That’s it, automation will notify the developer in case they forgot to assign the task to a QA person.
8. Assign issue back to Developer once Ready To Deploy
Once the QA passed, the QA person should assign the task back to the developer of that work item along with changing the status to Ready to Deploy. But, we observed that most time the QA person forgets to assign the task back to the dev. To avoid this, we are using this automation rule to assign the task back to the dev once the task is ready to deploy.
Now automation will take care of the assignee switching,
9. Assign issue back to Developer once Done
This is similar to Assign issue back to Developer once Ready To Deploy, but this is to assign the task back to the dev once the task is done.
That is because, once QA passed, QA can either mark it as Done or Ready to Deploy.
10. When issue is resolved → comment on related issues
As I mentioned in the automation rule 3. Link issues that are mentioned in the comments, this is a great way of notifying the related issues and the watchers of the same.
This rule does,
11. Label issues as stale that have not had recent interaction
After a period of inactivity (now set to 60d), a stale label will be applied to mark an issue with
Todo status as stale and posts a comment to notify contributors that the issue will be closed.
Before adding this rule to the automation, I had around ~250 issues assigned to me in the Backlog. Most of them were created by myself since I have a habit of making notes of all work items in the Jira after any work-related discussions. But all of those were sitting there for so long whereas our priorities were wholly different and some were too old and stale of course. And, we recently started to work based on the backlog items so having a long backlog with stale work items is not a good thing and it was hard to prioritize the work too.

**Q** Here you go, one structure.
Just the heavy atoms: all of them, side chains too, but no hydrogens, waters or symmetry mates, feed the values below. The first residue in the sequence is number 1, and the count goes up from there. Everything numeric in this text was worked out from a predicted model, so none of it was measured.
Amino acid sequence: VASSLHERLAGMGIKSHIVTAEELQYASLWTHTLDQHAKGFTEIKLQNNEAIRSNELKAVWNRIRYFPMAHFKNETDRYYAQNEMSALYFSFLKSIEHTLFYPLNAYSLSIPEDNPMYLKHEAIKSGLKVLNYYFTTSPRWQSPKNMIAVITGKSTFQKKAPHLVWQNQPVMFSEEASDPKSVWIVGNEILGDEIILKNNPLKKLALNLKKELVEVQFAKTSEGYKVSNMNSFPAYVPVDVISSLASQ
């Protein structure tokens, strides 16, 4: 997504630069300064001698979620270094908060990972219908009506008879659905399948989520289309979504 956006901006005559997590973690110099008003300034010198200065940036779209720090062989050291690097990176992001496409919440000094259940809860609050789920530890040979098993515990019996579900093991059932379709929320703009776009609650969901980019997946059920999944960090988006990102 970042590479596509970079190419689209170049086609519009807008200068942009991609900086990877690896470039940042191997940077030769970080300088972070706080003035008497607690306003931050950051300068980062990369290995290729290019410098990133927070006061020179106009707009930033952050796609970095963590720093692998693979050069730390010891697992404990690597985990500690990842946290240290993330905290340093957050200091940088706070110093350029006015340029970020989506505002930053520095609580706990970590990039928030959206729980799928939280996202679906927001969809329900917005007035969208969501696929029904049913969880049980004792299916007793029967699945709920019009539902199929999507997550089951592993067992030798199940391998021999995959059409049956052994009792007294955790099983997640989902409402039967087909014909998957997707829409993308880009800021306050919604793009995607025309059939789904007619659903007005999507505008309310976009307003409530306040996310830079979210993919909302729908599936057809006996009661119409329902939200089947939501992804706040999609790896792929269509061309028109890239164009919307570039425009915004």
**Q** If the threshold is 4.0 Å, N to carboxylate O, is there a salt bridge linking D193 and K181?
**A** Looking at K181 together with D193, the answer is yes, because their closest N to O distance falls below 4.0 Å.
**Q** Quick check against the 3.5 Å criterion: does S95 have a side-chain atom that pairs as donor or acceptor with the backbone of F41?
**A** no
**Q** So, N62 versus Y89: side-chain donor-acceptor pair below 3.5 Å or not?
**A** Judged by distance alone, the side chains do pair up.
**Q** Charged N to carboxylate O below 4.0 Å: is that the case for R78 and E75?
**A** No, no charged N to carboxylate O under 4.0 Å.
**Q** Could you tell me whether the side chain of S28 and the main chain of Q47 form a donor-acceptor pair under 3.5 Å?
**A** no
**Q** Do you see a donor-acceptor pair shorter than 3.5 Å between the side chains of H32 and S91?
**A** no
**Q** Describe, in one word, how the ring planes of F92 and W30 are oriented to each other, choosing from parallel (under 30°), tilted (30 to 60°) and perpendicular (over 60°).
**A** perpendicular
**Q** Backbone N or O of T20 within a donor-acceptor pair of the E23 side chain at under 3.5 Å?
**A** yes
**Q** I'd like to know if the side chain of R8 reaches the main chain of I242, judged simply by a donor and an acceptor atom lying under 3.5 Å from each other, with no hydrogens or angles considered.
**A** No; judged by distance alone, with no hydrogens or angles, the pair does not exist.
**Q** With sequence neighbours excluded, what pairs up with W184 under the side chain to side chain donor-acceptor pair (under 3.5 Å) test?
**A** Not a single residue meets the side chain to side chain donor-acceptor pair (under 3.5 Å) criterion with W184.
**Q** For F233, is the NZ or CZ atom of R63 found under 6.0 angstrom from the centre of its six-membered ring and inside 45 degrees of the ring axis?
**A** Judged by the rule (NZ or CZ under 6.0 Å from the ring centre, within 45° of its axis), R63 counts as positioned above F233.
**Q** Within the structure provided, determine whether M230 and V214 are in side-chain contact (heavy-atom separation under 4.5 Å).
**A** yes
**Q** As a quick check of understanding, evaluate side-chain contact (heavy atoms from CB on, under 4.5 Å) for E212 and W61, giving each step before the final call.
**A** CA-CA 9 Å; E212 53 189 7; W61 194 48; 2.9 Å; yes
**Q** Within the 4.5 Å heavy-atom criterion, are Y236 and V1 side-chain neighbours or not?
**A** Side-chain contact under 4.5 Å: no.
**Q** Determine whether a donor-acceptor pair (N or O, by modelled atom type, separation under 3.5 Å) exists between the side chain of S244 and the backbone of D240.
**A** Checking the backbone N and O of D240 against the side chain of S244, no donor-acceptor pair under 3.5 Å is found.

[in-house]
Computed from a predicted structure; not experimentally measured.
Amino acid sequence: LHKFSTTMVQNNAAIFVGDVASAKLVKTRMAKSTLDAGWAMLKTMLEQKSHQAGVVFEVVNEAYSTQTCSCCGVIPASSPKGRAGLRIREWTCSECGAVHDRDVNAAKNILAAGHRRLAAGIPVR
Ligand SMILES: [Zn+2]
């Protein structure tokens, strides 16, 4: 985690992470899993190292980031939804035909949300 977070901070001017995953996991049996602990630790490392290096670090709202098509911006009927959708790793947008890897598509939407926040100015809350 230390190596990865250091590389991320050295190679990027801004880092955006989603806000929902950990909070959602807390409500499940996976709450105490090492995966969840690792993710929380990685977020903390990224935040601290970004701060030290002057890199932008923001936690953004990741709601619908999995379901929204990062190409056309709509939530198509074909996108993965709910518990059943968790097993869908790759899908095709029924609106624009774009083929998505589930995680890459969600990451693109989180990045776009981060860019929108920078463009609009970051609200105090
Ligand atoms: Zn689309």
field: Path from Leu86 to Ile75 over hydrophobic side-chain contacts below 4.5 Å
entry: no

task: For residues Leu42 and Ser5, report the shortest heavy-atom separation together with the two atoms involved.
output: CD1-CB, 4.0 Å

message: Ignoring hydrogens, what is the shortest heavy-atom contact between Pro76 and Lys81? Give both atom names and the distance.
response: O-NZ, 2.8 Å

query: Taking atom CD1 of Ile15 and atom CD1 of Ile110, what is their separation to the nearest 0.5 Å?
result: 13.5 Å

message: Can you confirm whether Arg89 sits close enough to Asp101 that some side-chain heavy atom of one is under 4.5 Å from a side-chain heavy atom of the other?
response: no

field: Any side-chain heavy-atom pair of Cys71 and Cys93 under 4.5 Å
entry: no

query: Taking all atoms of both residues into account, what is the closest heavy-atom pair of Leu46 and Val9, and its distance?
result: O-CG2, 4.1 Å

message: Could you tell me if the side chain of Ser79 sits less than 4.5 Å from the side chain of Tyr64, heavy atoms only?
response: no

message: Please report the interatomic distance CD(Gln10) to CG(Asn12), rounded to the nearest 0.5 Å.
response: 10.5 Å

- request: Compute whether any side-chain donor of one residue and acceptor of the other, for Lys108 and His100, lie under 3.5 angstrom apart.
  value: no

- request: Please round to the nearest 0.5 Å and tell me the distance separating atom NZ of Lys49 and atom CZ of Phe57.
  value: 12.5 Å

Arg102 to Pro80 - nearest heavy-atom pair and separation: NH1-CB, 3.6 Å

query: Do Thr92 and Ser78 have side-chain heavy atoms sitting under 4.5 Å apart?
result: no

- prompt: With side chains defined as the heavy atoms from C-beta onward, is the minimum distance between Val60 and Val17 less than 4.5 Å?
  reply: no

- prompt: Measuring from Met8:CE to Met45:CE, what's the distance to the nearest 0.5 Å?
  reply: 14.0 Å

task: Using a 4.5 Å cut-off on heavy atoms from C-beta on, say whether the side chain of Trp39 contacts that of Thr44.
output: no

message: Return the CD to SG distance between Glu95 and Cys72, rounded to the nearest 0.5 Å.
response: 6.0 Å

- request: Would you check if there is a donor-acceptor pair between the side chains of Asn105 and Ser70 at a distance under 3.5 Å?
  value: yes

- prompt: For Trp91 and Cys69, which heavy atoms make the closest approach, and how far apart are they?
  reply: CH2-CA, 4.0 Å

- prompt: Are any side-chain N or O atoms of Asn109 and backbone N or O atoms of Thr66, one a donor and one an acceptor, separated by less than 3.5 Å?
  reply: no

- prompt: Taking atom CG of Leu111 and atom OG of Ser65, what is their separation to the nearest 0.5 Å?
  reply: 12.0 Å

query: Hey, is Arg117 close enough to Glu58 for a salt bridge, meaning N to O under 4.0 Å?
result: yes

So, I decided to add this rule to the automation and it labeled the stale issues.
Then I went around all my stale issues, closed the ones which were not relevant anymore, and the ones which are not stale simply removed the stale label. In the end, I ended up having around ~50 items in the backlog. So, picking up items for the next sprint was easy and I was able to prioritize the backlog items.
Is closing stale issues really a good idea?
In any successful software project, there’s always more work to do than people to do it. As more and more work piles up, it becomes paralyzing. Just making decisions about what work should and shouldn’t get done can exhaust all available resources.
Focusing on issues that are actively affecting humans is an effective method for prioritizing work.
To some, a robot trying to close stale issues may seem inhospitable or offensive to contributors. But the alternative is to disrespect them by setting false expectations and implicitly ignoring their work. This automation makes it explicit: if work is not progressing, then it’s stale. A comment is all it takes to keep the conversation alive.
- Rule to auto-assign to the tester when transitioned to Ready for QA
- Rule to auto-assign to the developer when transitioned to Todo from In Test (QA not passed case)
- Close issues that are marked as stale, after a period of inactivity.
The Jira automation helps us to manage the work items more efficiently and we are loving it. If you have any questions related to any of the Jira automation rules, or if you have any suggestions, please feel free to post them in the comments 👇
This is how we use Jira Automation.— Abhith Rajan (@AbhithRajan) April 11, 2022